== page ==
Lauren is a fourth year clinical psychology PhD student at CUNY Graduate Center, housed at John Jay College. She earned her B.A. in Psychology and Economics from Tufts University in 2012. Prior to entering graduate school, Lauren worked in clinical research at McLean Hospital in both the Schizophrenia and Bipolar Disorder Program and Dissociative Disorders and Trauma Program. Working under the guidance of Dr. Yanos, Lauren’s thesis focused on experiences of stigma and self-stigma for LGBTQ individuals with severe mental illness and her dissertation will focus on factors associated with mental health stigma amongst clinical psychology doctoral students. Her clinical and research interests include psychosocial implications of oppression and intersectionality; stigma resistance; LGBTQ mental health; trauma; the relationship between trauma and psychosis; psychodynamic approaches to psychotherapy.

Priya Reji, Master’s Student

Priya Reji is a second year master’s student in the Forensic Psychology program at John Jay College of Criminal Justice. She received her B.A. in Psychology with a minor in Biology from Hunter College. She is passionate about research topics pertaining to the rehabilitation of patients within the forensic population, psychopathy, forensic risk assessments, the cultural aspects of assessments, and how internal stigma may exacerbate symptoms associated with major mental illnesses. She is also an executive member of the Master’s Student Research Group (MSRG) for Forensic Psychology on campus. Upon graduating with an M.A. in Forensic Psychology, Priya plans to apply to PhD programs in Clinical Psychology.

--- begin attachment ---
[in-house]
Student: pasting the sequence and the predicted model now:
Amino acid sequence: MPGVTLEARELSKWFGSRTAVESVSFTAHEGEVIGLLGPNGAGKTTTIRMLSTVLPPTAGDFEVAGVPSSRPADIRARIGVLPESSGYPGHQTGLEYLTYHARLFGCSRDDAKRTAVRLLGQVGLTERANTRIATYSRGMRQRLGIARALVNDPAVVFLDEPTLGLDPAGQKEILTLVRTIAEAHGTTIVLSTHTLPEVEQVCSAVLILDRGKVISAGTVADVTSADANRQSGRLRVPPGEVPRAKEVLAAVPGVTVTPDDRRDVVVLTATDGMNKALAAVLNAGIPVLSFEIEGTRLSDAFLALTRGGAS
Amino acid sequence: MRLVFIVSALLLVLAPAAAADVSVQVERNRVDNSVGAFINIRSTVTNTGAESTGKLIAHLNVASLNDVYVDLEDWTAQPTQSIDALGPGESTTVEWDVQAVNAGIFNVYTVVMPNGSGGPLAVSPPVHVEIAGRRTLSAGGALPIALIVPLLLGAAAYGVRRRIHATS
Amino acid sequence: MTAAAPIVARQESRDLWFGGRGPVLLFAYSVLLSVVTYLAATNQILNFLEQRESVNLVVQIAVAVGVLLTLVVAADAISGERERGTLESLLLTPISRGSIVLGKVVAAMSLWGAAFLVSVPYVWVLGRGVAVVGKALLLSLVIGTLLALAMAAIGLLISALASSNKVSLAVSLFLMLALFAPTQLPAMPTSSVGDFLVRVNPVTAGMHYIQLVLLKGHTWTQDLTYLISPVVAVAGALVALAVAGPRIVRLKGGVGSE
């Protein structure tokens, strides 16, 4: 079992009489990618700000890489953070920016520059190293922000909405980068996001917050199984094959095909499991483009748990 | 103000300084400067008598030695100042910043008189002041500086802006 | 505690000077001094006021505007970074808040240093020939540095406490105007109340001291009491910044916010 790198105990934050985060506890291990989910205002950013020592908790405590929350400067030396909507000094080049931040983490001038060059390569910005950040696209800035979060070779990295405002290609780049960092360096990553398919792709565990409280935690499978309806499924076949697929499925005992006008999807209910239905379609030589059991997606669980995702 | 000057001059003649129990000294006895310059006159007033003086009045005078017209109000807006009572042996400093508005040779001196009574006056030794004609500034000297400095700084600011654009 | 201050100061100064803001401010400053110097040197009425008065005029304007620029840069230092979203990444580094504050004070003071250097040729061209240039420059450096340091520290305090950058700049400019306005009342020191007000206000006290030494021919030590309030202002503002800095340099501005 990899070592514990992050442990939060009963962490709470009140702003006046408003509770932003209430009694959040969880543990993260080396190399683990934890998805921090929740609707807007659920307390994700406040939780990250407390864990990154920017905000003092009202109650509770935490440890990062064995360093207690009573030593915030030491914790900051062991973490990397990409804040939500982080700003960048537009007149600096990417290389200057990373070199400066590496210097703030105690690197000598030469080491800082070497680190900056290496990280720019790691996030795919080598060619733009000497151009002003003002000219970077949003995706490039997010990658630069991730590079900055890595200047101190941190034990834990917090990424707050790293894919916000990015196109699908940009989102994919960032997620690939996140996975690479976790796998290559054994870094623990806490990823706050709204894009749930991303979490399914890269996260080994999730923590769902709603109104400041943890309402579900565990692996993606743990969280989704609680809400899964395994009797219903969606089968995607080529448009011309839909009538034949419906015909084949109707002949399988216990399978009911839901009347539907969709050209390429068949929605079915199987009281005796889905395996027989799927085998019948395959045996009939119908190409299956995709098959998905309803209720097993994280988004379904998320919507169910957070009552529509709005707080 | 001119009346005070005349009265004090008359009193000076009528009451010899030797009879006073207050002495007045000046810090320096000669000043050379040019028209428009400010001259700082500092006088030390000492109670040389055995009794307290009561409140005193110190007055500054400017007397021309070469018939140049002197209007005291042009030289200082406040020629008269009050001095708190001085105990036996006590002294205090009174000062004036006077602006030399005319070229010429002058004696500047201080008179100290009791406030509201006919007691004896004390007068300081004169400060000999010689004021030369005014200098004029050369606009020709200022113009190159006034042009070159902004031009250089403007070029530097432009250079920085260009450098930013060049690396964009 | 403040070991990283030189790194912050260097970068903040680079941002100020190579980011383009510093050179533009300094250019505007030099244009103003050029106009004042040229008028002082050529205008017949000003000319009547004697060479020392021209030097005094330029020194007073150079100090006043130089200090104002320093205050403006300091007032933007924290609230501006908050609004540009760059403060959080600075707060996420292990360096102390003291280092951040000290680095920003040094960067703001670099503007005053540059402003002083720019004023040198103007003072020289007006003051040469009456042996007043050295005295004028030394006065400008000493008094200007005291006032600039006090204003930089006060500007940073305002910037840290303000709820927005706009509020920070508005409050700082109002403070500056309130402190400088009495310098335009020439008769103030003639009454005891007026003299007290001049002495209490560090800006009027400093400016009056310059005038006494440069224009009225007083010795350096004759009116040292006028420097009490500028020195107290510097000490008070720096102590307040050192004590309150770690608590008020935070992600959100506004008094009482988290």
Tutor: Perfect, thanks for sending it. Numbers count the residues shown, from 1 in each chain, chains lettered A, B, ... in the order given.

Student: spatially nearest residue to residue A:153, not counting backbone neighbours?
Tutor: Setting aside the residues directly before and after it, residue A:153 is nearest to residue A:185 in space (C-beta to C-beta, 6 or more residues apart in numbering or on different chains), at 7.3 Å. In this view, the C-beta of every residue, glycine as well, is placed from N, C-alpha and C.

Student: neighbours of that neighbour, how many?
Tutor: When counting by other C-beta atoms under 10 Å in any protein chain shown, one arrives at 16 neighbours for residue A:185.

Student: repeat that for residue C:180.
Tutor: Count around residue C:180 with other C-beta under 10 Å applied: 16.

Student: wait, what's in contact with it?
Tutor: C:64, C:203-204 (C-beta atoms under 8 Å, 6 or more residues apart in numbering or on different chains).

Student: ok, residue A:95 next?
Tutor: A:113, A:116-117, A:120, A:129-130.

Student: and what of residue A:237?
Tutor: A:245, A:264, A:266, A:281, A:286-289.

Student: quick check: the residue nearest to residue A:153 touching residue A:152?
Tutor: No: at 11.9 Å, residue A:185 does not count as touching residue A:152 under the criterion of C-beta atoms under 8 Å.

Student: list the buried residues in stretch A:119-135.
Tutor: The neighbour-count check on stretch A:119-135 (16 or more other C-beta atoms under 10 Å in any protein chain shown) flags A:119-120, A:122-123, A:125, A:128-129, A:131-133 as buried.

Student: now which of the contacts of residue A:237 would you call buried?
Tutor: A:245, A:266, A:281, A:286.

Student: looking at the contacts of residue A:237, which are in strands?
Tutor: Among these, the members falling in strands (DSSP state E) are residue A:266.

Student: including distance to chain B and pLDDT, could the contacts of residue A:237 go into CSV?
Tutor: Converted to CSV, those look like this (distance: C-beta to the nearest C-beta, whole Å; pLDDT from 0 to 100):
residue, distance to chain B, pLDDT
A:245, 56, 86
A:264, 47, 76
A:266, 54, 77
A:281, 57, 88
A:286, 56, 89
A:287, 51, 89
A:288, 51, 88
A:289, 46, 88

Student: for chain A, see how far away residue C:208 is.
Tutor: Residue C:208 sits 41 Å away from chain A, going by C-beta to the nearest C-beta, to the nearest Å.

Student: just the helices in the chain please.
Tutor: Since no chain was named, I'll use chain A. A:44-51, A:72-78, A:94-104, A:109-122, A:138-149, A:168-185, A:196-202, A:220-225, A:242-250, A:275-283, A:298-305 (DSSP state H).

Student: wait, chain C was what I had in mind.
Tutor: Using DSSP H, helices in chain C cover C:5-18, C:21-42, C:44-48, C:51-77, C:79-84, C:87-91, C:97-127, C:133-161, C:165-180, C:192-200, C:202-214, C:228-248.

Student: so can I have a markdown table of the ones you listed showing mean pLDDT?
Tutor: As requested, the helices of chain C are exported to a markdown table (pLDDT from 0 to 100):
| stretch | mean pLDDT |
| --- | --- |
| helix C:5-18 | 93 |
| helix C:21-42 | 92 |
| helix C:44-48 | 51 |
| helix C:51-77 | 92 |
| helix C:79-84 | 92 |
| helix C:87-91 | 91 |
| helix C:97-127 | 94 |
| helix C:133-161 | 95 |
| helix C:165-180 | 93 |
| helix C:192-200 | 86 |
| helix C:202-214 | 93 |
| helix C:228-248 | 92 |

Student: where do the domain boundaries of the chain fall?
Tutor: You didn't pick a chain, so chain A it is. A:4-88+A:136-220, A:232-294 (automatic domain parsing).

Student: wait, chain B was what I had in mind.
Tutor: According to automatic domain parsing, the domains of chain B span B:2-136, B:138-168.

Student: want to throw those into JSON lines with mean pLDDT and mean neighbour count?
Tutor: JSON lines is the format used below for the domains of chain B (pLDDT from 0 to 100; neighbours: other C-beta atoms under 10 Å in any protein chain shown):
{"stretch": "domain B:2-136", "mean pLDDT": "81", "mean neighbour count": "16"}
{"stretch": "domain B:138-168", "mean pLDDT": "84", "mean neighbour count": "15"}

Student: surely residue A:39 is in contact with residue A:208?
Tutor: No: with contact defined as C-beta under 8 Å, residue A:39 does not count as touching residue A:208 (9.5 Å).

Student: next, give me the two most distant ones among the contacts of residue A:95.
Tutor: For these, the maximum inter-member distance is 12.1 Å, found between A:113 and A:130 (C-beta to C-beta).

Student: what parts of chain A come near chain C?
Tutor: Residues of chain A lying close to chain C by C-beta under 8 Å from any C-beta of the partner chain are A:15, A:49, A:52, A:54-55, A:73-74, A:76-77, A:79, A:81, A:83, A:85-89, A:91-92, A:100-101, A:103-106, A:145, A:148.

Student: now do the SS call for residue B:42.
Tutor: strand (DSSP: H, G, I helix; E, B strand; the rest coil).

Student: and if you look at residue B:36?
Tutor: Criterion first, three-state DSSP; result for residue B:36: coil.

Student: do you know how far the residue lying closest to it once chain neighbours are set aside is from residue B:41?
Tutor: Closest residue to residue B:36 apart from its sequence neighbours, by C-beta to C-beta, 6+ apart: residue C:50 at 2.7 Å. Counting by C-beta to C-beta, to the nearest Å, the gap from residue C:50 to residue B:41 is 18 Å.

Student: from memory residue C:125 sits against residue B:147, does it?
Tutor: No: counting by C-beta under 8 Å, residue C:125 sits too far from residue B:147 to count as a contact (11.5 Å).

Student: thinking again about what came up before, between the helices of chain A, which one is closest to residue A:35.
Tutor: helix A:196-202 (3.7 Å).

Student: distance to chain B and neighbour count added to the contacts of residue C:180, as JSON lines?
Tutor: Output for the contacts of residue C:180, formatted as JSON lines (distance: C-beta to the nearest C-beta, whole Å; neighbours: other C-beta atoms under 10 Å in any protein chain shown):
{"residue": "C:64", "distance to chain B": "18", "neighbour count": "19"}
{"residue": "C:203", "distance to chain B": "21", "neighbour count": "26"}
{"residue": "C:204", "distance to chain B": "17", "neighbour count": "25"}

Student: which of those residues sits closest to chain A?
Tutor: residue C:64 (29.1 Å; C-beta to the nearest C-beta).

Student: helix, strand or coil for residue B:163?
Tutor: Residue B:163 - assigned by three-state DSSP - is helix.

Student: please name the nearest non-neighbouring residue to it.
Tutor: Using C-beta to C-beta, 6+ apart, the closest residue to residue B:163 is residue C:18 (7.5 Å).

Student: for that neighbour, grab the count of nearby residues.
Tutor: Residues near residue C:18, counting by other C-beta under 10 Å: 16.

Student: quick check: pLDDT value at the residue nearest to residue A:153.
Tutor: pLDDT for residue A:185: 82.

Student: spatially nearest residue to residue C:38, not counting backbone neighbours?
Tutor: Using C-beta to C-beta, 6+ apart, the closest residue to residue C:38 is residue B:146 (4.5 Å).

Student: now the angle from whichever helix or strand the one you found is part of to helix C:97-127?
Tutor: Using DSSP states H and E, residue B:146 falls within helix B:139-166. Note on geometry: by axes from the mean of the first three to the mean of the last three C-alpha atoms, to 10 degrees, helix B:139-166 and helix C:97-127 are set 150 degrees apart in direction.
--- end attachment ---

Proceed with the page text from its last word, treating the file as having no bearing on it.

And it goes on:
Jenna Seda, Master’s Student

Jenna Seda attended John Jay College of Criminal Justice as an undergraduate student from 2011 to 2015. During her time there she was an active member of the John Jay Honors Program and quickly became a member of both the Phi Eta Sigma and PSY CHI Honors societies. Her thesis work in predictors and stigma surrounding depression was conducted with Dr. Yanos. After presenting said thesis to her Honors program she graduated in May of 2015 with a degree in Forensic Psychology and a minor in Criminology. As of recently, Jenna found herself back at John Jay College to get her next degree. She is currently a 2nd year Masters student in the FMHC program at John Jay College of Criminal Justice. She has been with the MHRecovery lab since 2014.

 

 

Sarah Zoubaa, Master’s Student 

Sarah is a second year master’s student in the Forensic Psychology program. She received a B.S. in Brain and Behavioral Sciences at Purdue University (May 2017). Prior to graduate school, she worked at Riverbend Hospital, an inpatient unit caring for patients with severe mental illness. Her research interests include forensic risk assessments, disorder related stigma, and rehabilitation of forensic psychiatric patients. Sarah hopes to earn a doctorate in Clinical Psychology following her master’s degree.